Joanna’s blog

Post  #1 Celebrating Success

 Graduations are always an opportunity for celebration and for reflection. Amid much excitement, more than 20 participants inthe Community Economic Development program in Bolivia, indigenous leaders, community educators and other specialists working in local economic and social development initiatives proudly received their certificates of completion from Simon Fraser University and our Bolivian partner AIPE  in March 2012.

Sharing food and music are hallmarks of a healthy community. Nobody suggests that what comes next will be the hard work of realizing the social and economic plans that were seeded in the program.


Speechmaking and ceremony was an important part of recognizing the work of the graduates, including the Mayor of Viacha and the indigenous leaders of the community as well as our project team.


Post #2 Making Change Happen: From Theory to Practice

On my visit to Bolivia in March I had the privilege of meeting with several of the instructors and graduates of the program.Ricardo Poma is an indigenous leader from the municipality of Viacha, in the department of La Paz and is a recent graduate of the Community Economic Development program in Bolivia (DEC in Spanish).


He says that DEC, the process of examining and planning based on the assets of the community, has become part of his philosophy, and that of his community. For him DEC and its participatory practices and its values of inclusion are consonant with indigenous Andean culture.

Coming through the program with other members of the community has created a critical mass – people who share a vision for participatory planning and finding local solutions to economic needs. “We moving to having our plans included in the local annual municipality planning process. In this way we are becoming empowered to move them into action,” says Poma.

Among other projects that have begun since completing the DEC program is the cultivation of the Tarwi (Andean Lupin) plants.

Instructor Ricardo Valverde explains the properties of the plant, its potential. Local educator and DEC graduate Umberto Ortiz explains why the plant is so important and how the community has responded as a result of DEC graduates taking leadership on these and other economic development projects.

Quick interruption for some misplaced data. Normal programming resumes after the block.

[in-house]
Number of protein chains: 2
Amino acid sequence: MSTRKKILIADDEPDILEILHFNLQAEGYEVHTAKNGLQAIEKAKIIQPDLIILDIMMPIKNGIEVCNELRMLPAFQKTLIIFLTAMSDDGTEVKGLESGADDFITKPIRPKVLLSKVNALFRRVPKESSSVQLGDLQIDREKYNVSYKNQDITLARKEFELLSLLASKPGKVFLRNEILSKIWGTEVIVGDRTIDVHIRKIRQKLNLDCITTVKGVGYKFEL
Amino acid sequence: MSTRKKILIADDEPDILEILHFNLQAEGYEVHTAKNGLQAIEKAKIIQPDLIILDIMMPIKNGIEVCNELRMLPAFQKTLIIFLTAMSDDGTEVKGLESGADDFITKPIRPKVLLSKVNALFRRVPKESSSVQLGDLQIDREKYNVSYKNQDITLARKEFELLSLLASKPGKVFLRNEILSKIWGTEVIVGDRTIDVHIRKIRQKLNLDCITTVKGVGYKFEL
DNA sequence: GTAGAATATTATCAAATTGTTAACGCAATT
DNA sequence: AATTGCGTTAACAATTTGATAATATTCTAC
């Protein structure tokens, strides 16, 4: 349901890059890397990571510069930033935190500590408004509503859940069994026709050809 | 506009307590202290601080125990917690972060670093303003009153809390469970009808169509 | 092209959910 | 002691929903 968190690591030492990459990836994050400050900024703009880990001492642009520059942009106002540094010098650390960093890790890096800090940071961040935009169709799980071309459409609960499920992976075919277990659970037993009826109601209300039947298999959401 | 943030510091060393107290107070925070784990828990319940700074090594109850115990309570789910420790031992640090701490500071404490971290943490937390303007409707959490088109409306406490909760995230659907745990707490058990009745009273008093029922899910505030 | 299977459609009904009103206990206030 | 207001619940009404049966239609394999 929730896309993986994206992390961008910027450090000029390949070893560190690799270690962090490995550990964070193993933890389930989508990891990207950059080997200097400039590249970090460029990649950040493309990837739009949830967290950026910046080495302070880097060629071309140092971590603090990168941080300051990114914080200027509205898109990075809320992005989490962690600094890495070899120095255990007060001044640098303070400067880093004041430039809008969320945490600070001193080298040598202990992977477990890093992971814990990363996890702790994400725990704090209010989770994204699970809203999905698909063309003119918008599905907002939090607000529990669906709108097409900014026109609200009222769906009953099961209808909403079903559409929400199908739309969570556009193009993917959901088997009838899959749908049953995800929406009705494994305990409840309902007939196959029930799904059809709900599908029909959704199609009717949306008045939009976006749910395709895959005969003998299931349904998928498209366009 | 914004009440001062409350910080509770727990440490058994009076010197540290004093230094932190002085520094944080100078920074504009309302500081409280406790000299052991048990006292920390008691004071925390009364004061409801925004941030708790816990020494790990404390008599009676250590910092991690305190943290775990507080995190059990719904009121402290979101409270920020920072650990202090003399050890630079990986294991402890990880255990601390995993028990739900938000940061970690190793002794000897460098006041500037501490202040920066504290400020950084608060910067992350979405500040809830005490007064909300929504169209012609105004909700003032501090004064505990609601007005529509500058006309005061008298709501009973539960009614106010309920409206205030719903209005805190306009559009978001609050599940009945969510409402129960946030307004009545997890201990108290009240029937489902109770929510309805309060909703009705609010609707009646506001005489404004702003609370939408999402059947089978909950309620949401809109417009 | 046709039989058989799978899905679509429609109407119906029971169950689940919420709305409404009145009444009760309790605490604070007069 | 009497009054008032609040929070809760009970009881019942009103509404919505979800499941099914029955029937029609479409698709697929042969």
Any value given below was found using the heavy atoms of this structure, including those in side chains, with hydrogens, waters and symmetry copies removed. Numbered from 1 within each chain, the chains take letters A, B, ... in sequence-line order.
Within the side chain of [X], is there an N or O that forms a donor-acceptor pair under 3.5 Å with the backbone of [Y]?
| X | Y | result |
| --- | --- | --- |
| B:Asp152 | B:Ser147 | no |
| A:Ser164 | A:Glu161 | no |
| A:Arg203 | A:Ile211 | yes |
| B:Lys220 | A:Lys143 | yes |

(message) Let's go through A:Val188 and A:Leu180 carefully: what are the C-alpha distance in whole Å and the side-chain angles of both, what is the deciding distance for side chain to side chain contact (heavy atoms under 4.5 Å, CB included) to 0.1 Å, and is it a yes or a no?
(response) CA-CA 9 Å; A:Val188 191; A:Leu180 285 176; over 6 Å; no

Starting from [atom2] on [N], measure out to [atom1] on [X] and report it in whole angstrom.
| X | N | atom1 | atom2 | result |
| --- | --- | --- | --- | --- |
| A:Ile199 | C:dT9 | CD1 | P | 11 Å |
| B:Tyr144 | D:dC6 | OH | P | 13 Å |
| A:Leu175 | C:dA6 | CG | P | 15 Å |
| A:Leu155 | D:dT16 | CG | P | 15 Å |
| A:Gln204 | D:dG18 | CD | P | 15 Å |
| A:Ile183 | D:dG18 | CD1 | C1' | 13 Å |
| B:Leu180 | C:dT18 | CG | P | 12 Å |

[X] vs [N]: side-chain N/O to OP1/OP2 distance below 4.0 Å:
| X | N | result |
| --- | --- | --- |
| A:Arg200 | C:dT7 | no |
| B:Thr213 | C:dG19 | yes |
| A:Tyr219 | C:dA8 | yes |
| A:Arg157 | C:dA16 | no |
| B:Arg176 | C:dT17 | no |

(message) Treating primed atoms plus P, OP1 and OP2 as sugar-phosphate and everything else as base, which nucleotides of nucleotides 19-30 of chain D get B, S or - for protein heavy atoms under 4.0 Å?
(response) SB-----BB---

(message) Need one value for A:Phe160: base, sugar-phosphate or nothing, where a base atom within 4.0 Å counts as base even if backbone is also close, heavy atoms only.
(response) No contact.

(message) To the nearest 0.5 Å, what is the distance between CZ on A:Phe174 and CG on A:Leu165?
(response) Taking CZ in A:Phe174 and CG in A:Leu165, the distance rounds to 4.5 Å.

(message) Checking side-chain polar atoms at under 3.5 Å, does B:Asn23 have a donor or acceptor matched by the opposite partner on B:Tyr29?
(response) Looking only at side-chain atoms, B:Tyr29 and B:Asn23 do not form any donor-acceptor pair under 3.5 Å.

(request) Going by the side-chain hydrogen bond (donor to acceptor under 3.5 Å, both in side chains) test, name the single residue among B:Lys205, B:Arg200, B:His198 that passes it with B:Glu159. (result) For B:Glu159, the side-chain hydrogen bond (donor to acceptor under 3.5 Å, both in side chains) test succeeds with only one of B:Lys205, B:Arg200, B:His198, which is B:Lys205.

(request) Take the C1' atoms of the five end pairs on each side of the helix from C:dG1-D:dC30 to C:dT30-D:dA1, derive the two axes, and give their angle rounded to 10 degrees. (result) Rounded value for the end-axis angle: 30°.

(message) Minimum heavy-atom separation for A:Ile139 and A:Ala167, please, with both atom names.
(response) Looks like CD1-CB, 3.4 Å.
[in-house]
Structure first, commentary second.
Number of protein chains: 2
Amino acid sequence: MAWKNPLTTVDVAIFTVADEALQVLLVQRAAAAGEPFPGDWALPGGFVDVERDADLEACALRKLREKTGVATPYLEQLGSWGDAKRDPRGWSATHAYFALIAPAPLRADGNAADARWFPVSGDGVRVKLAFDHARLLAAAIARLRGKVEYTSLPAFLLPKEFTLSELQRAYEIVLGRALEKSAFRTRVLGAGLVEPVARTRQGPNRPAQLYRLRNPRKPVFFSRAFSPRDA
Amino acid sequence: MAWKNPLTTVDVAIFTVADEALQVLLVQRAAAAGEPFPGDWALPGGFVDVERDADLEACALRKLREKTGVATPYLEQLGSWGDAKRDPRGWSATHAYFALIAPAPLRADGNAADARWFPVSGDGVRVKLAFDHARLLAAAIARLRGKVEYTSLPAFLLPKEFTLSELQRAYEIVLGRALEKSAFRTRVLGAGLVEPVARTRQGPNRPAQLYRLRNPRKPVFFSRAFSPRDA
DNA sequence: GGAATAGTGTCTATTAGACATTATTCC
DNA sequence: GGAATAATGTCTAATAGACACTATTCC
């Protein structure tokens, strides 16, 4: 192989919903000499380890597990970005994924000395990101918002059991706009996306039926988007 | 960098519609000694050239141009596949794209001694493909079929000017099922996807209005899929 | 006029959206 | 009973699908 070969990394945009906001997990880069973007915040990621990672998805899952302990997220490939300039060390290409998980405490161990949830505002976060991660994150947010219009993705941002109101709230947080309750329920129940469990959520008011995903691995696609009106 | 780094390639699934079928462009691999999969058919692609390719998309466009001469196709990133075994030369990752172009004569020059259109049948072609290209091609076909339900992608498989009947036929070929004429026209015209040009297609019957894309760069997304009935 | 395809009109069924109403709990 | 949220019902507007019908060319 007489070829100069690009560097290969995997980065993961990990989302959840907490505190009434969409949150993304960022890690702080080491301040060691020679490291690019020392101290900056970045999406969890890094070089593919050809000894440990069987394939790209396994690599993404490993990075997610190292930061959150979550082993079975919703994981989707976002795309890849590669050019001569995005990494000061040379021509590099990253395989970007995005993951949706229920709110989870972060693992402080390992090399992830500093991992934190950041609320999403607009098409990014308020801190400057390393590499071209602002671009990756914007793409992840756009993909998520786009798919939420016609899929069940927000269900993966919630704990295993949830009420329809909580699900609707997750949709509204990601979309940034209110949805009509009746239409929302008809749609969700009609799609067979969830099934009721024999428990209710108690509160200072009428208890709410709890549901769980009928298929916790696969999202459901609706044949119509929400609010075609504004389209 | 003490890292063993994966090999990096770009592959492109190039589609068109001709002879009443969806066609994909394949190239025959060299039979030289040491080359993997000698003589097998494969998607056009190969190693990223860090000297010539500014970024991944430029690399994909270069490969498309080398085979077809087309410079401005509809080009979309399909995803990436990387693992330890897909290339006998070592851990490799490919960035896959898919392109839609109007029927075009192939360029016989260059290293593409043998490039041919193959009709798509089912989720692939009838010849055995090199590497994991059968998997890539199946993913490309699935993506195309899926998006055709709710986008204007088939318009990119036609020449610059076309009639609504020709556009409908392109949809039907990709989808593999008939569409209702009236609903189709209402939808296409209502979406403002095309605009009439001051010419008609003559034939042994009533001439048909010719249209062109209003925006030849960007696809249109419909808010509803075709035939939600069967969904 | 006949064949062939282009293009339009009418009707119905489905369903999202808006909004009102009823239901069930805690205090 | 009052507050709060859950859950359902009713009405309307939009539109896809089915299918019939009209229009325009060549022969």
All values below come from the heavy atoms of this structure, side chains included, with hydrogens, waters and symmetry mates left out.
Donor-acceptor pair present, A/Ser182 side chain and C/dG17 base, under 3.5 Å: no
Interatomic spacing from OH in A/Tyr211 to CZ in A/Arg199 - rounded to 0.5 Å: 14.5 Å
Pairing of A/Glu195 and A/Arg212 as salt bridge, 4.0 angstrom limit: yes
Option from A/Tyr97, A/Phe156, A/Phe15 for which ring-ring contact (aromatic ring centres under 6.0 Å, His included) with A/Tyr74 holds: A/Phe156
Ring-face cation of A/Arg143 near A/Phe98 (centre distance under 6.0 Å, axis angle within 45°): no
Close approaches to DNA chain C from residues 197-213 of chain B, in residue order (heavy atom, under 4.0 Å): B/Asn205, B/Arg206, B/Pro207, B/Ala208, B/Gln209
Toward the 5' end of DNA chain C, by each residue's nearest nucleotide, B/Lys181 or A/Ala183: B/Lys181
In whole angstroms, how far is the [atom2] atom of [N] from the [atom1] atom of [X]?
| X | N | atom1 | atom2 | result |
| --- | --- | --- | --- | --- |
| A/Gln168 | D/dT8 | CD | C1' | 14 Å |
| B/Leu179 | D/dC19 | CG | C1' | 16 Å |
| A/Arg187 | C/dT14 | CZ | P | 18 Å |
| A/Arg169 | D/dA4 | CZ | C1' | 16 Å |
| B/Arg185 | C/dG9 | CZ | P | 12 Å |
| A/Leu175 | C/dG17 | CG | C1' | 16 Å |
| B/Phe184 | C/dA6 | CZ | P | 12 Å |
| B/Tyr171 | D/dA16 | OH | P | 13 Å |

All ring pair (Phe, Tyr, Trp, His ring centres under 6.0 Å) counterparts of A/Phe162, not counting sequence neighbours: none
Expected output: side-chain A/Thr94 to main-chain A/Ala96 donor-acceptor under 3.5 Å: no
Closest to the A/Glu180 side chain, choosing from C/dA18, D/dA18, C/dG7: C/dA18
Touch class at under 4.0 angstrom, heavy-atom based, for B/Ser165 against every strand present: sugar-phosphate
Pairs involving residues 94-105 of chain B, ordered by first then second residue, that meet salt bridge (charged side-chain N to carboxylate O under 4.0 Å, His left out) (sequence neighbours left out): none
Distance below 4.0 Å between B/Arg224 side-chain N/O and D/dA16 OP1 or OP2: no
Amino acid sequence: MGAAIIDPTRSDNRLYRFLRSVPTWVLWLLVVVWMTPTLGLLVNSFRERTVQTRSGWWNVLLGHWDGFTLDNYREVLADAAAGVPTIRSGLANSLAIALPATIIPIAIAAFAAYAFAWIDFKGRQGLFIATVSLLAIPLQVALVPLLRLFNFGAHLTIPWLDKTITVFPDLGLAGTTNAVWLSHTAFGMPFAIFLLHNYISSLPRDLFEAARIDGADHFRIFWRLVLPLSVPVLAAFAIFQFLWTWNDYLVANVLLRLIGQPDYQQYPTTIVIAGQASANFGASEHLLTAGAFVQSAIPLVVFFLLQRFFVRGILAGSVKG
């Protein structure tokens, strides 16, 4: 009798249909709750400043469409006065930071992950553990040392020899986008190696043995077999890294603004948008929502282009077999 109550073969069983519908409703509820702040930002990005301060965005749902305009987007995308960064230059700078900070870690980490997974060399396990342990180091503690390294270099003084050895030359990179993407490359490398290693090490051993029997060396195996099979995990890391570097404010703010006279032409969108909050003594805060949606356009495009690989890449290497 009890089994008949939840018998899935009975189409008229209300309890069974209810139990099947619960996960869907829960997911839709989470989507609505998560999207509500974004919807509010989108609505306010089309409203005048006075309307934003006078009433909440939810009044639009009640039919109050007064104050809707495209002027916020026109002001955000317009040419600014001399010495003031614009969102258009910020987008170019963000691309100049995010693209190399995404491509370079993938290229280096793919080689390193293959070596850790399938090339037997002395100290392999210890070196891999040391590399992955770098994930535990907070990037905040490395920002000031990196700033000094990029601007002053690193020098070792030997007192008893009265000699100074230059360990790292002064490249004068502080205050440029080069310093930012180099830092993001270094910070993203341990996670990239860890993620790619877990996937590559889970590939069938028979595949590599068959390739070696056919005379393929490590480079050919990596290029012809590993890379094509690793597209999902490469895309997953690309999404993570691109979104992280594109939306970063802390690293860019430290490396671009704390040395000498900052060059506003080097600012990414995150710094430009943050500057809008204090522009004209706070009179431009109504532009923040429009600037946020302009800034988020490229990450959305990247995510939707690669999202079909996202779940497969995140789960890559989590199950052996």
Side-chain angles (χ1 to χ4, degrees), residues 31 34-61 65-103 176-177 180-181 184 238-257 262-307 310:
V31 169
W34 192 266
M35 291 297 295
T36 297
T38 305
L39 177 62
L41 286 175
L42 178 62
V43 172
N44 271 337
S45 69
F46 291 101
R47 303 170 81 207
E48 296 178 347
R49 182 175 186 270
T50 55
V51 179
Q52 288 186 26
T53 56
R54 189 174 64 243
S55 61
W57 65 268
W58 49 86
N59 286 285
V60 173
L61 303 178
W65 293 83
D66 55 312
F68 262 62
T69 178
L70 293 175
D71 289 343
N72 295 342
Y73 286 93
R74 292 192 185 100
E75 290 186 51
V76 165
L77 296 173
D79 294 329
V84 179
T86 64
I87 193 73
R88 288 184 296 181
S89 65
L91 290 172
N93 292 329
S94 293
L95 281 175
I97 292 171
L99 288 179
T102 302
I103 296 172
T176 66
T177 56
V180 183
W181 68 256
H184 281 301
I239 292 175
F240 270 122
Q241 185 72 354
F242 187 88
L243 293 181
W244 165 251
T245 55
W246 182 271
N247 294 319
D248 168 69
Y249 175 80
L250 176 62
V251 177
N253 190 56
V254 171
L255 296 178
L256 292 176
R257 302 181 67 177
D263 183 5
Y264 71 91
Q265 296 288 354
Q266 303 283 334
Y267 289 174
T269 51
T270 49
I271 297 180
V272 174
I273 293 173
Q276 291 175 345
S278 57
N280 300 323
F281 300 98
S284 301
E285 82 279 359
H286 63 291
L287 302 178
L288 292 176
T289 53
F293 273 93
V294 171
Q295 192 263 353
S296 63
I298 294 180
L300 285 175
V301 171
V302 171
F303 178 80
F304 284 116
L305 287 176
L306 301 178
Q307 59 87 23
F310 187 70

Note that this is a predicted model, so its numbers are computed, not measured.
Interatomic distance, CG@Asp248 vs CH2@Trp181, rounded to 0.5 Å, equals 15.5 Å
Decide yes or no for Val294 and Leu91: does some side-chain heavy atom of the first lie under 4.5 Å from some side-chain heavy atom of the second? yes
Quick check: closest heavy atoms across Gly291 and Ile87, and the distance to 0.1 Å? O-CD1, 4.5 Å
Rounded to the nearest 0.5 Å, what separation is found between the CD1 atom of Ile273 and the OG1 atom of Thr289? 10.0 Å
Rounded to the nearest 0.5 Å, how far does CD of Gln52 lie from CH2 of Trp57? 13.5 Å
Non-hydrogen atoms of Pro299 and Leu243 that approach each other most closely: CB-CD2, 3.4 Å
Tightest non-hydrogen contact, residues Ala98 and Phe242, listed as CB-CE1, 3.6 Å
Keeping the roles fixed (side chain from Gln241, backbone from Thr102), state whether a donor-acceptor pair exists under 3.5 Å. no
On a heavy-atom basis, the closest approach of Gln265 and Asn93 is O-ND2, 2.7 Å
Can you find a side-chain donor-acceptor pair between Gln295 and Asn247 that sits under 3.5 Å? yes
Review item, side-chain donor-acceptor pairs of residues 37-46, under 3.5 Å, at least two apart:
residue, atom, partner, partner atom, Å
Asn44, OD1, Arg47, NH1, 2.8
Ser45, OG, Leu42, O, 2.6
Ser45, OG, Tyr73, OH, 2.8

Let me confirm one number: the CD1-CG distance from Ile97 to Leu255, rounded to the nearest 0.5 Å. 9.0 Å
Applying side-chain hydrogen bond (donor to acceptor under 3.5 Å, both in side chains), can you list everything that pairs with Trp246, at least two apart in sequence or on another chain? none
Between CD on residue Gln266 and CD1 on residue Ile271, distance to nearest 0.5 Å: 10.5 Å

Post #3 Learning to Develop Community

It’s not surprising that a program designed to teach community economic development emphasizes collaboration.

Challenges do arise when learners with diverse experiences are brought together in one learning community. Those with formal education and years of professional experience carrying out community based projects seek theories and concepts that deepen their knowledge.

Community leaders with a rich history of engaging the community insist that their experience is where the greatest potential for learning lies. Both have proven true in this teaching and learning experiment that is the La Paz II Cohort – one that brings together community development professionals and practitioners. Instructors draw on artful methods of engagement while keeping the materials challenging and relevant.


Instructor Ricardo Valverde consults his notes as well as the experience of these community leaders in a program that emphasizes dialogue, participation, gender equality and relevance to local conditions.



Post # 4 Making Partnerships Work

Since the beginning of the CED in Bolivia, SFU has worked closely with project director Alberto Mollinedo, a talented and experienced academic administrator and educator.  AIPE executive director, Aquiles Davalos has also provided a strong foundation – based on collaborative effort and mutual respect and trust.

We have begun a new relationship with San Andres Mayor University’s Centre for Graduate Studies in Development (CIDES). Their experience and knowledge of Bolivia and the field of development make them ideal partners.

Instructors of CED in Bolivia are the soul of the project and those who have been dedicated to the project’s success include They have left the comforts of home and ridden in the back of pick-up trucks to deliver training, , and been a constant source of inspiration to over 200 students who have participated in the program.

It is always humbling and exhilarating to share the learning space with colleagues and students who take this opportunity very seriously, work very hard to make the program sing and do so with a spirit of fun and engagement. Teaching conflict resolution, community mobilization and dialogue planning awakens as much learning and relearning in me as I hope it does for these lively students.










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